Item

Anne McKim Oral History, 2020/03/23

Media

Title (Dublin Core)

Anne McKim Oral History, 2020/03/23

Description (Dublin Core)

In response to COVID-19, the Evansville Museum of Arts, History and Science launched the mini-series, "Cultural Insights: Interviews in the Creative Sector," to highlight colleagues and professionals working in the same or similar field of museum professionals.
Anne McKim, Executive Director, Arts Council of Southwestern Indiana

Recording Date (Dublin Core)

Creator (Dublin Core)

Contributor (Dublin Core)

Type (Dublin Core)

video
photo

Controlled Vocabulary (Dublin Core)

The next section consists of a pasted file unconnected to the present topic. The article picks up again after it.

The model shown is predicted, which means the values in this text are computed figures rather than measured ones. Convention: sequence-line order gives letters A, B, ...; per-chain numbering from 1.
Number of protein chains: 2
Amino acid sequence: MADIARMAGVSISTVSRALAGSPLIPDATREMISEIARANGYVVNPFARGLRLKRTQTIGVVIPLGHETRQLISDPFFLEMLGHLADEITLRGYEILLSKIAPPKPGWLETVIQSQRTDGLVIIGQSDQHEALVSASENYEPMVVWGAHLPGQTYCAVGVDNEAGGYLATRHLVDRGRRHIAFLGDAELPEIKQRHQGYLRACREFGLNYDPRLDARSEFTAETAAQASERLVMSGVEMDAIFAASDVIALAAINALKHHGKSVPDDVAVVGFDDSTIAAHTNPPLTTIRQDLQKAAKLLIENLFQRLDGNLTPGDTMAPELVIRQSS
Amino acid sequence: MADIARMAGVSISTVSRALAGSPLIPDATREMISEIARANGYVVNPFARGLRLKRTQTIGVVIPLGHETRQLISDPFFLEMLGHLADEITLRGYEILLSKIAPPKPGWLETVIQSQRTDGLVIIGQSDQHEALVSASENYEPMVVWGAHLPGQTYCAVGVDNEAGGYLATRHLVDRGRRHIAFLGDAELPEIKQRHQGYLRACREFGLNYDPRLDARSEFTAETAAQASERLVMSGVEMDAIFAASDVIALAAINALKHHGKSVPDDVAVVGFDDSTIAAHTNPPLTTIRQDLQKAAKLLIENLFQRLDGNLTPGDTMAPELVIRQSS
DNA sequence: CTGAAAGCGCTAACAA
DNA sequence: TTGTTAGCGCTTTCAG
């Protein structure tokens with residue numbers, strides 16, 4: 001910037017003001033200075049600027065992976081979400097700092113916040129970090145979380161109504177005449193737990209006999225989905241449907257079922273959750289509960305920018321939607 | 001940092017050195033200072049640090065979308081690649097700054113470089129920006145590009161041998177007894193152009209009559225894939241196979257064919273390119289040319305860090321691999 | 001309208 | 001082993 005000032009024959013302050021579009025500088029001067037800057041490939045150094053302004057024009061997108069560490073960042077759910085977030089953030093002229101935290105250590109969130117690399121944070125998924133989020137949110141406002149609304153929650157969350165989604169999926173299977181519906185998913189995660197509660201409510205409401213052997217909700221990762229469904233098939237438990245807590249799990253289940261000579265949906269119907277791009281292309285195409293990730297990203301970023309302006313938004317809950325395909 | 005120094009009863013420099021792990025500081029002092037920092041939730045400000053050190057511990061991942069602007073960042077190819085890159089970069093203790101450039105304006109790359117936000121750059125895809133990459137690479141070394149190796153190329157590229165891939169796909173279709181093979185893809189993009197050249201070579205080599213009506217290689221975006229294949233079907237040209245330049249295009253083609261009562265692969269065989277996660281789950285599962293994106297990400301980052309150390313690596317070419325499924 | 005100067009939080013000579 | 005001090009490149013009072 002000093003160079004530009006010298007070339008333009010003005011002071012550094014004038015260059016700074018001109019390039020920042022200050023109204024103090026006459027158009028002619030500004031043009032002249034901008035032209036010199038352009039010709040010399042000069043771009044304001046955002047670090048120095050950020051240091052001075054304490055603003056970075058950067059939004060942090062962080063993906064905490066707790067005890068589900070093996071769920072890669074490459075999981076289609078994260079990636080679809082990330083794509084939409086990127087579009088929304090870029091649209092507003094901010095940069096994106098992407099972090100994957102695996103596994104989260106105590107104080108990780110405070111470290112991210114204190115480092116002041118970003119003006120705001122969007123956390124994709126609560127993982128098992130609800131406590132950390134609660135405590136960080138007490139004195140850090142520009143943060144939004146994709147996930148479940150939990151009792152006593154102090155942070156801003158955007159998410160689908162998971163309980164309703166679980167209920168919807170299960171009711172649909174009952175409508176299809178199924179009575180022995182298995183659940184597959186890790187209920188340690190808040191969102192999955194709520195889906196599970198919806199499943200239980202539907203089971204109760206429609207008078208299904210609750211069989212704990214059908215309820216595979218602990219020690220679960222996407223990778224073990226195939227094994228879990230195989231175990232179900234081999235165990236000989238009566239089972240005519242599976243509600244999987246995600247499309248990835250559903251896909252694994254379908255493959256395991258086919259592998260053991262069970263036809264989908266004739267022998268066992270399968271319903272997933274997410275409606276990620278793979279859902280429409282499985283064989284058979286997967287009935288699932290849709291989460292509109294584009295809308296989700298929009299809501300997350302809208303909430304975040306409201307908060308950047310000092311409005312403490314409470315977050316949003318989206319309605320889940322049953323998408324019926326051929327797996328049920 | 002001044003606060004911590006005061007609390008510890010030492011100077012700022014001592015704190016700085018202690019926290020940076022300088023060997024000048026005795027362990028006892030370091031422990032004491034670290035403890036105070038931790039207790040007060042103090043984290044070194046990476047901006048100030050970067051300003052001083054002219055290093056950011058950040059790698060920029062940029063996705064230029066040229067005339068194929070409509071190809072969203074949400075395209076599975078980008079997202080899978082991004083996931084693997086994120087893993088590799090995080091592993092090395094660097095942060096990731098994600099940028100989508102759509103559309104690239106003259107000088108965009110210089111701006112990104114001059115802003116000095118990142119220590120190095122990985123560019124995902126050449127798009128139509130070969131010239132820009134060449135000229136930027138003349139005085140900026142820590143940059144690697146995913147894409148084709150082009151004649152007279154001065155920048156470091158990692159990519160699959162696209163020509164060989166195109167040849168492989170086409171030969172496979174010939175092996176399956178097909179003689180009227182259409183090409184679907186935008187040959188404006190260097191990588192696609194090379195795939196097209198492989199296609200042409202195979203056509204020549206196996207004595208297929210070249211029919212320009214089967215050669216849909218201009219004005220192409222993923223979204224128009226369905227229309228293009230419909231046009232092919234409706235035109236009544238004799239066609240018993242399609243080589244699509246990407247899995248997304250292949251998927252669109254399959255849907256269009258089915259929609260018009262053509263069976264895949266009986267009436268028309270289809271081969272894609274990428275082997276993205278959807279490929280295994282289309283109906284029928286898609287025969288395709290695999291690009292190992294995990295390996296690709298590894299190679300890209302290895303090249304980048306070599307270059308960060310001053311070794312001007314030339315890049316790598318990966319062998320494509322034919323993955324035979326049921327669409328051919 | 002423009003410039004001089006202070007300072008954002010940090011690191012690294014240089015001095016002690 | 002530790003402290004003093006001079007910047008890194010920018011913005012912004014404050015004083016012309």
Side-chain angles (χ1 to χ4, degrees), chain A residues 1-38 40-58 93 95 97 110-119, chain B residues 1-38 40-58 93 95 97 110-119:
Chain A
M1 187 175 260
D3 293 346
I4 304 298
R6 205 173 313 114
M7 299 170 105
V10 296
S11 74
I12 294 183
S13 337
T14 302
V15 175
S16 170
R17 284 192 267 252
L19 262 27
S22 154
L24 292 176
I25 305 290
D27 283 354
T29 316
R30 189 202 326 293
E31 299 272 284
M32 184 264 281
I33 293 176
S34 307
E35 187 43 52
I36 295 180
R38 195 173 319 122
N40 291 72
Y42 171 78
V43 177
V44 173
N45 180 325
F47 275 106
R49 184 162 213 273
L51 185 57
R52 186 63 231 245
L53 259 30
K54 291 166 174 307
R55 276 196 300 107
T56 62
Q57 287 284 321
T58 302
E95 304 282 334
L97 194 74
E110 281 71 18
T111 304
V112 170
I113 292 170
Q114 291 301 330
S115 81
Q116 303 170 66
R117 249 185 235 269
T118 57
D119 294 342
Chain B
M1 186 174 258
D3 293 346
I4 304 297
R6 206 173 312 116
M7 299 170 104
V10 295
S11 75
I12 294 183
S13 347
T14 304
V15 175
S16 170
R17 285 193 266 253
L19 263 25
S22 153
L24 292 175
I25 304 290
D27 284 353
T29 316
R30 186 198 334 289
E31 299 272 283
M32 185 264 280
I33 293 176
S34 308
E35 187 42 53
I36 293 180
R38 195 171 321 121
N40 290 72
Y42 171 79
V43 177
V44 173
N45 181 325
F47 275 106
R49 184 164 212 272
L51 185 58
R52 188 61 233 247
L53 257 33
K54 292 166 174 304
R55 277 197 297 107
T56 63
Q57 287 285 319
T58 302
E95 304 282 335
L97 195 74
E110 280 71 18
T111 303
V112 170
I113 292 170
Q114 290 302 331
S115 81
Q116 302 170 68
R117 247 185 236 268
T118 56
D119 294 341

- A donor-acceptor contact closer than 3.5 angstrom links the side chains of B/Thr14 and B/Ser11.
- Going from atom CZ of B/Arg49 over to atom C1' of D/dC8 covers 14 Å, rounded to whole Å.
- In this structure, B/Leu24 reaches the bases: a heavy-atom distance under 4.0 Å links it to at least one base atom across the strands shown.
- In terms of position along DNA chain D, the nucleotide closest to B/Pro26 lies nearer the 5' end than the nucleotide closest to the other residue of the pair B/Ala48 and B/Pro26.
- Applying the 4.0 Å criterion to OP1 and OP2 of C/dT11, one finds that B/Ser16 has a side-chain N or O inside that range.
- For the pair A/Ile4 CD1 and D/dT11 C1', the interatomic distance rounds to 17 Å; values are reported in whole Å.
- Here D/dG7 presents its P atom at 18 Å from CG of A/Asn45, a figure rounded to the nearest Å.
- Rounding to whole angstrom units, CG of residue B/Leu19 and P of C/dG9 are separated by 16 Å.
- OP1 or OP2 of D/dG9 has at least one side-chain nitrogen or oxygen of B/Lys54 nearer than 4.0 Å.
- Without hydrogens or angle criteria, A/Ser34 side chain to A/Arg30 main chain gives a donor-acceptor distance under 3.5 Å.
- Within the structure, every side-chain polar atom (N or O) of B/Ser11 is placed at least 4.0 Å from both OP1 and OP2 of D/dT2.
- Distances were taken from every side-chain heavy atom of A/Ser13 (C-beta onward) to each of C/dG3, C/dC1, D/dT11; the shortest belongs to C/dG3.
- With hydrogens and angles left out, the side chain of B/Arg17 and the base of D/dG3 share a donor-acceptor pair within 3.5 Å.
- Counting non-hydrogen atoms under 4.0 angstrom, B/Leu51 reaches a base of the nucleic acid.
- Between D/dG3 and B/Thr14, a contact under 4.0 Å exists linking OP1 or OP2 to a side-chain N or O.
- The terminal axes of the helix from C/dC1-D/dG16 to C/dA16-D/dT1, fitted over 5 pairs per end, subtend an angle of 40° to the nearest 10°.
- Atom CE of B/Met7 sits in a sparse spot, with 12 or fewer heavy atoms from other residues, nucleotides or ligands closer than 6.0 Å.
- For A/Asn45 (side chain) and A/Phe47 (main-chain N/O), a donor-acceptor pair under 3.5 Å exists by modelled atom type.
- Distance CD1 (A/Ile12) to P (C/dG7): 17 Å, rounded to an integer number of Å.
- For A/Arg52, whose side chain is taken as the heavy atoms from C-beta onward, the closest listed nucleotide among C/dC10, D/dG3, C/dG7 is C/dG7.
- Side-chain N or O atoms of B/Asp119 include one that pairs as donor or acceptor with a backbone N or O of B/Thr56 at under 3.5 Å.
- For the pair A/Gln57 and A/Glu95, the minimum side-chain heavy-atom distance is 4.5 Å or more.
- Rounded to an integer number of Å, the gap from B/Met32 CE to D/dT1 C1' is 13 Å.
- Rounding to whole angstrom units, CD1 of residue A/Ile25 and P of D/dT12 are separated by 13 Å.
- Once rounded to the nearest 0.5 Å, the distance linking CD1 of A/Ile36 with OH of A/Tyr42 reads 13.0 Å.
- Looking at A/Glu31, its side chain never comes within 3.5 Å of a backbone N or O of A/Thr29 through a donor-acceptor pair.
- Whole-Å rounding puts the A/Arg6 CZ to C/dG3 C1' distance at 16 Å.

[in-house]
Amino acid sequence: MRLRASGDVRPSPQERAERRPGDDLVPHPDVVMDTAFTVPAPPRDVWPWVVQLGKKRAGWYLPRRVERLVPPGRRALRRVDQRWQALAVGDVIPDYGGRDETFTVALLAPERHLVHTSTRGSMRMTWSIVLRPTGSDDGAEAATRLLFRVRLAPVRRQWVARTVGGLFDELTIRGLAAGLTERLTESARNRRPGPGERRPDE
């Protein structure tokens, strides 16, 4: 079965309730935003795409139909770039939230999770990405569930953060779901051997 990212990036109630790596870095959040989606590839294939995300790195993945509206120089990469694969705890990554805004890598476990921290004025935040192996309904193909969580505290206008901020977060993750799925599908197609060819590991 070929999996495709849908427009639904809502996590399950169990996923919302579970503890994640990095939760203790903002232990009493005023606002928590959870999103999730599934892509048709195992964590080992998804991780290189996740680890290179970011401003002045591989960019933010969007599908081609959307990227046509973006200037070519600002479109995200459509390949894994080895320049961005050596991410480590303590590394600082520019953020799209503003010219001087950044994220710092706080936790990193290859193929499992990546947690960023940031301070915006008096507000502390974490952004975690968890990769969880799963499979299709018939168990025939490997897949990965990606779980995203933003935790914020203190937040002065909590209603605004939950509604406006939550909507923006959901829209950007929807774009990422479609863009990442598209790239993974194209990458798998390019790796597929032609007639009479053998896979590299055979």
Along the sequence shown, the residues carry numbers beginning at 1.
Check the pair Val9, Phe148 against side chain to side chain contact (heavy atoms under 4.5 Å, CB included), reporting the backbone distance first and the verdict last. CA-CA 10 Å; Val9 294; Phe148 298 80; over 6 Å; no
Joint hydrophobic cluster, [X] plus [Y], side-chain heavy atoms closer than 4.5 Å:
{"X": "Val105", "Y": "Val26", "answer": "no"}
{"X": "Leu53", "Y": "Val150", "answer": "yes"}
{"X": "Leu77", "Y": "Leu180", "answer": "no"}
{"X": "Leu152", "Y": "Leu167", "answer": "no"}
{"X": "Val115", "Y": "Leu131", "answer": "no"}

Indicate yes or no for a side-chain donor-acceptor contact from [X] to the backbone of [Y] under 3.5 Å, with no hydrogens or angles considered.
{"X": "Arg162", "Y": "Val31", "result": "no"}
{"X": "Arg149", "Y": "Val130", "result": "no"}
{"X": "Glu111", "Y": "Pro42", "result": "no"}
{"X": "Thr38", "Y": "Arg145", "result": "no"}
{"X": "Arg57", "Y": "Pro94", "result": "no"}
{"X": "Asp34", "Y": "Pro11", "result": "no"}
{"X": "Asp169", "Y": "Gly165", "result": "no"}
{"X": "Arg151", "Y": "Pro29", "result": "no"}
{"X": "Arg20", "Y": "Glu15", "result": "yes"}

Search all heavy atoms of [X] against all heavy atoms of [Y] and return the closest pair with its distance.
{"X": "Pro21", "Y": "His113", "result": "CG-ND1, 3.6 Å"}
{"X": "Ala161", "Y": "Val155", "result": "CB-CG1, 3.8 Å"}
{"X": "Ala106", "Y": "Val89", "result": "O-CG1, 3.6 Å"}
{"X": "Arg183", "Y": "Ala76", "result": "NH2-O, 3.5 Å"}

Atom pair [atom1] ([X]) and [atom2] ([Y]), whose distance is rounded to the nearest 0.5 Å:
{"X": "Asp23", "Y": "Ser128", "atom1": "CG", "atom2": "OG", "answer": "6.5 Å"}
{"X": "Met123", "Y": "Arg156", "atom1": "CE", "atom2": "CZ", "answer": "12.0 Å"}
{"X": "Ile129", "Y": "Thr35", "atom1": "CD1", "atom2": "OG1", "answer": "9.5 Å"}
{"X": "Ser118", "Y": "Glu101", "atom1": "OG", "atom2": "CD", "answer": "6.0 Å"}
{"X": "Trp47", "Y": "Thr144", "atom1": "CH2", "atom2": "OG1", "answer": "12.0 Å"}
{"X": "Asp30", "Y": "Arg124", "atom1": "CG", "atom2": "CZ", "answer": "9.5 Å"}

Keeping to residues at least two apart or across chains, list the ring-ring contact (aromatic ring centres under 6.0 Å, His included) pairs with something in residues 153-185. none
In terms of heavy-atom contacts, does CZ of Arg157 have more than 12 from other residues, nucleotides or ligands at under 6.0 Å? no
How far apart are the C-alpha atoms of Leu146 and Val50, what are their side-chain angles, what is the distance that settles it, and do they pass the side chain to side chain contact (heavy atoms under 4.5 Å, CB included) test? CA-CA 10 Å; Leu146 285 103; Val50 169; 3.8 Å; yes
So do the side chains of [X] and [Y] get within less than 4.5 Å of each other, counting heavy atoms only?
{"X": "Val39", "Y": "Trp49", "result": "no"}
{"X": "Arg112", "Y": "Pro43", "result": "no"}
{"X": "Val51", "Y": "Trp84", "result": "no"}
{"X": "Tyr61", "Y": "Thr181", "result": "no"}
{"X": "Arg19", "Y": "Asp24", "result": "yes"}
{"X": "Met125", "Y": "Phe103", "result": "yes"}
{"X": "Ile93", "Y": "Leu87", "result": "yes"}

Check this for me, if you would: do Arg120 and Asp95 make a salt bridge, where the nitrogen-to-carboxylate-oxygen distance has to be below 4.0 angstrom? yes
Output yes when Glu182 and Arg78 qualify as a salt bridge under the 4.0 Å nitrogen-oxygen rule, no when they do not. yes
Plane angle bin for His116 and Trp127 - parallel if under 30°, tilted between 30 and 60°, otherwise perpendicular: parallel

Curator's Tags (Omeka Classic)

Collection (Dublin Core)

Collecting Institution (Bibliographic Ontology)

The Evansville Museum of Art, History and Science

Linked Data (Dublin Core)

Date Submitted (Dublin Core)

08/04/2020

Date Modified (Dublin Core)

08/04/2020
09/30/2020
10/22/2020
12/10/2020
05/18/2021
07/16/2021
04/28/2022
06/11/2022

Interviewer (Bibliographic Ontology)

Tory Schendel Cox

Interviewee (Bibliographic Ontology)

Anne McKim

Location (Omeka Classic)

Evansville
Indiana
United States of America

Format (Dublin Core)

mp4

Duration (Omeka Classic)

00:10:13

Transcription (Omeka Classic)

Tory Schendel Cox 0:01
Hi, my name is Tory Schendel Cox. I'm the Virginia G. Schroeder Curator of Art the Evansville Museum. And today we have Anne McKim. She's from the Arts Council, she's going to give us a better understanding of what life for her is looking like. And by all means and take it away.

Anne McKim 0:16